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Research articles

Social Interaction in Self-paced Distance Education

Authors:

Terry Anderson ,

Athabasca University, CA
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Lorne Upton,

Athabasca University, CA
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Jon Dron,

Athabasca University, CA
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Judi Malone,

Athabasca University, CA
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Bruno Poelhuber

Université de Montréal, CA
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Abstract

In this paper we present a case study of a self-paced university course that was originally designed to support independent, self-paced study at distance. We developed a social media intervention, in design-based research terms, that allows these independent students to contribute archived content to enhance the course, to engage in discussions with other students and to share as little or as much personal information with each other as they wished. We describe the learning design for the intervention and present survey data of student and tutor perception of value and content analysis of the archived contributions. The results indicate that the intervention was positively received by tutors and by the majority (but not all) students and that the archive created by the students’ contributions was adding value to the course. We conclude that the intervention was a modest, yet manageable example of a learning enhancement to a traditional cognitive-behavioral, course that has positive impact and potential with little negative impact on workload.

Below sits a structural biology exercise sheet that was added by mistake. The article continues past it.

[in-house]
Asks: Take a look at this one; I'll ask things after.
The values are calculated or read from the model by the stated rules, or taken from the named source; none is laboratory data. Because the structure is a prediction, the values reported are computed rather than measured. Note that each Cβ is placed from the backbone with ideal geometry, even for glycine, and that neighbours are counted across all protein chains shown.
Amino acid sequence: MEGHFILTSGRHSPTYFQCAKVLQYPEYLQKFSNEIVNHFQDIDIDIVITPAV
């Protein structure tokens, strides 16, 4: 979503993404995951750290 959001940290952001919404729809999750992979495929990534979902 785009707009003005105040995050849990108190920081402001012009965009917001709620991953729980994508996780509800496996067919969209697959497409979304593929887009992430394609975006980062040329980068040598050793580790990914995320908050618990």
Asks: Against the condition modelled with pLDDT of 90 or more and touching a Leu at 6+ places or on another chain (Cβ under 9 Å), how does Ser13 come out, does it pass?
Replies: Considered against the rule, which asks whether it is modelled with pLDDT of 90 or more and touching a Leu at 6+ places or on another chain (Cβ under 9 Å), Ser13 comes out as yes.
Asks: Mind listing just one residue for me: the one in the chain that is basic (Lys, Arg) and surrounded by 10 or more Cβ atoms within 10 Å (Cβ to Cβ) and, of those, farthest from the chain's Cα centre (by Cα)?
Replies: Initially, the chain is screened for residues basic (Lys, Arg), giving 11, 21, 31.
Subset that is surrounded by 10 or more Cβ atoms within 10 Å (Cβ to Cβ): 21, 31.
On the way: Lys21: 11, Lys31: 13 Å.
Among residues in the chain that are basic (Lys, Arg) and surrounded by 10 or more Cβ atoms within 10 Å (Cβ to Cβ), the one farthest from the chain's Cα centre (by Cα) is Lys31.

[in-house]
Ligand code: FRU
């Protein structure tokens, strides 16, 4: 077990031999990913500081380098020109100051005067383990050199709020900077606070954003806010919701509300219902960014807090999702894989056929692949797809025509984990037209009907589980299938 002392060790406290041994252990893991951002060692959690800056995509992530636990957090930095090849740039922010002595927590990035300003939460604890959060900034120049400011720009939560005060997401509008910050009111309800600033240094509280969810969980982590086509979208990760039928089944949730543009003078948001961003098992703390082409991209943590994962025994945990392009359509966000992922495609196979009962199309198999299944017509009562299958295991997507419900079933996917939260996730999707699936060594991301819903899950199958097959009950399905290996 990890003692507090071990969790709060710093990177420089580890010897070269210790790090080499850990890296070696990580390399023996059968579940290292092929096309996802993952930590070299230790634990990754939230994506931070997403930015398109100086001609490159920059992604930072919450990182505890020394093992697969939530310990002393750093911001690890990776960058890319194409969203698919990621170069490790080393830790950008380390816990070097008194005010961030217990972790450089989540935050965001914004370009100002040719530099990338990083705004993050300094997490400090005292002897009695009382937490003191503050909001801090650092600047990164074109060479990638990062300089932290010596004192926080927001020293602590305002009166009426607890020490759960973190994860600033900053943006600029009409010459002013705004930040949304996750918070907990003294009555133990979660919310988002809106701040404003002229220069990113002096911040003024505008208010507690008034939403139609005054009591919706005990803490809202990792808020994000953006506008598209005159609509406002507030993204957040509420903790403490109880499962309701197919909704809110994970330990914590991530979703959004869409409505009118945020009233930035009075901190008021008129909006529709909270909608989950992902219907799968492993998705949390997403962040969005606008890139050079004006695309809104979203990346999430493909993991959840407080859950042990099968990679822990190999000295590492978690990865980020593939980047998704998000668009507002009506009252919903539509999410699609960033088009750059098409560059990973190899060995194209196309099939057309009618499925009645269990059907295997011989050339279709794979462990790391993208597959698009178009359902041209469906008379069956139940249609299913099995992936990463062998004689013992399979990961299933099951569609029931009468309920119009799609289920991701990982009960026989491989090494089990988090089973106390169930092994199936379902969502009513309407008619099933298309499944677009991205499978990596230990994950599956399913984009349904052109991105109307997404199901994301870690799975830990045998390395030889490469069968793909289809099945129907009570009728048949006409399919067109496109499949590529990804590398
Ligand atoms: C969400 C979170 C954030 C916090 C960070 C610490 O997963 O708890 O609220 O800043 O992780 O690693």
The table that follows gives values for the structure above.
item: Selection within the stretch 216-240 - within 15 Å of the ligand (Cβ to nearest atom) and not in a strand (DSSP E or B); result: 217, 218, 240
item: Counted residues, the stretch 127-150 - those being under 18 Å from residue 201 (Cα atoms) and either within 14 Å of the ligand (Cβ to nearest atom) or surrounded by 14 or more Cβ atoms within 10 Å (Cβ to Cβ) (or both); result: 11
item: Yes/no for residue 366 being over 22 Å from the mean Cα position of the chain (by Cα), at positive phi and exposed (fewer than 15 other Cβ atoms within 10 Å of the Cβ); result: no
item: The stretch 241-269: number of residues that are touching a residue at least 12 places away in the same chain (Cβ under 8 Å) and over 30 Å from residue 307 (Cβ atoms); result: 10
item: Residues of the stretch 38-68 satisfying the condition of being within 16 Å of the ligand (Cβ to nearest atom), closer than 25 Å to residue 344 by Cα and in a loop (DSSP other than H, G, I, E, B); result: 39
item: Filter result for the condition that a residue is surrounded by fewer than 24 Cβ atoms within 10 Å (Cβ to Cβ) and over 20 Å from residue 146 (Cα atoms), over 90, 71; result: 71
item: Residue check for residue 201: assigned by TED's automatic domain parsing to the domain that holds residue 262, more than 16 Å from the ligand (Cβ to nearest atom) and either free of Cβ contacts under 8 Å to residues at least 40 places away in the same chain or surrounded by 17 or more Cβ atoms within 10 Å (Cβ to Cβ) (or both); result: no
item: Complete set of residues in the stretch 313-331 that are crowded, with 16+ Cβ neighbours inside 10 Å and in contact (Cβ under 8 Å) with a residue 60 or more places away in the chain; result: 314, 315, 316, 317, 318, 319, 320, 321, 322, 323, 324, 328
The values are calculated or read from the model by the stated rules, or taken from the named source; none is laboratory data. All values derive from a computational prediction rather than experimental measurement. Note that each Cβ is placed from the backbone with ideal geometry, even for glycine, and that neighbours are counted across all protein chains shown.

How to Cite: Anderson, T., Upton, L., Dron, J., Malone, J., & Poelhuber, B. (2015). Social Interaction in Self-paced Distance Education. Open Praxis, 7(1), 7–23. DOI: http://doi.org/10.5944/openpraxis.7.1.164
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Published on 01 Jan 2015.
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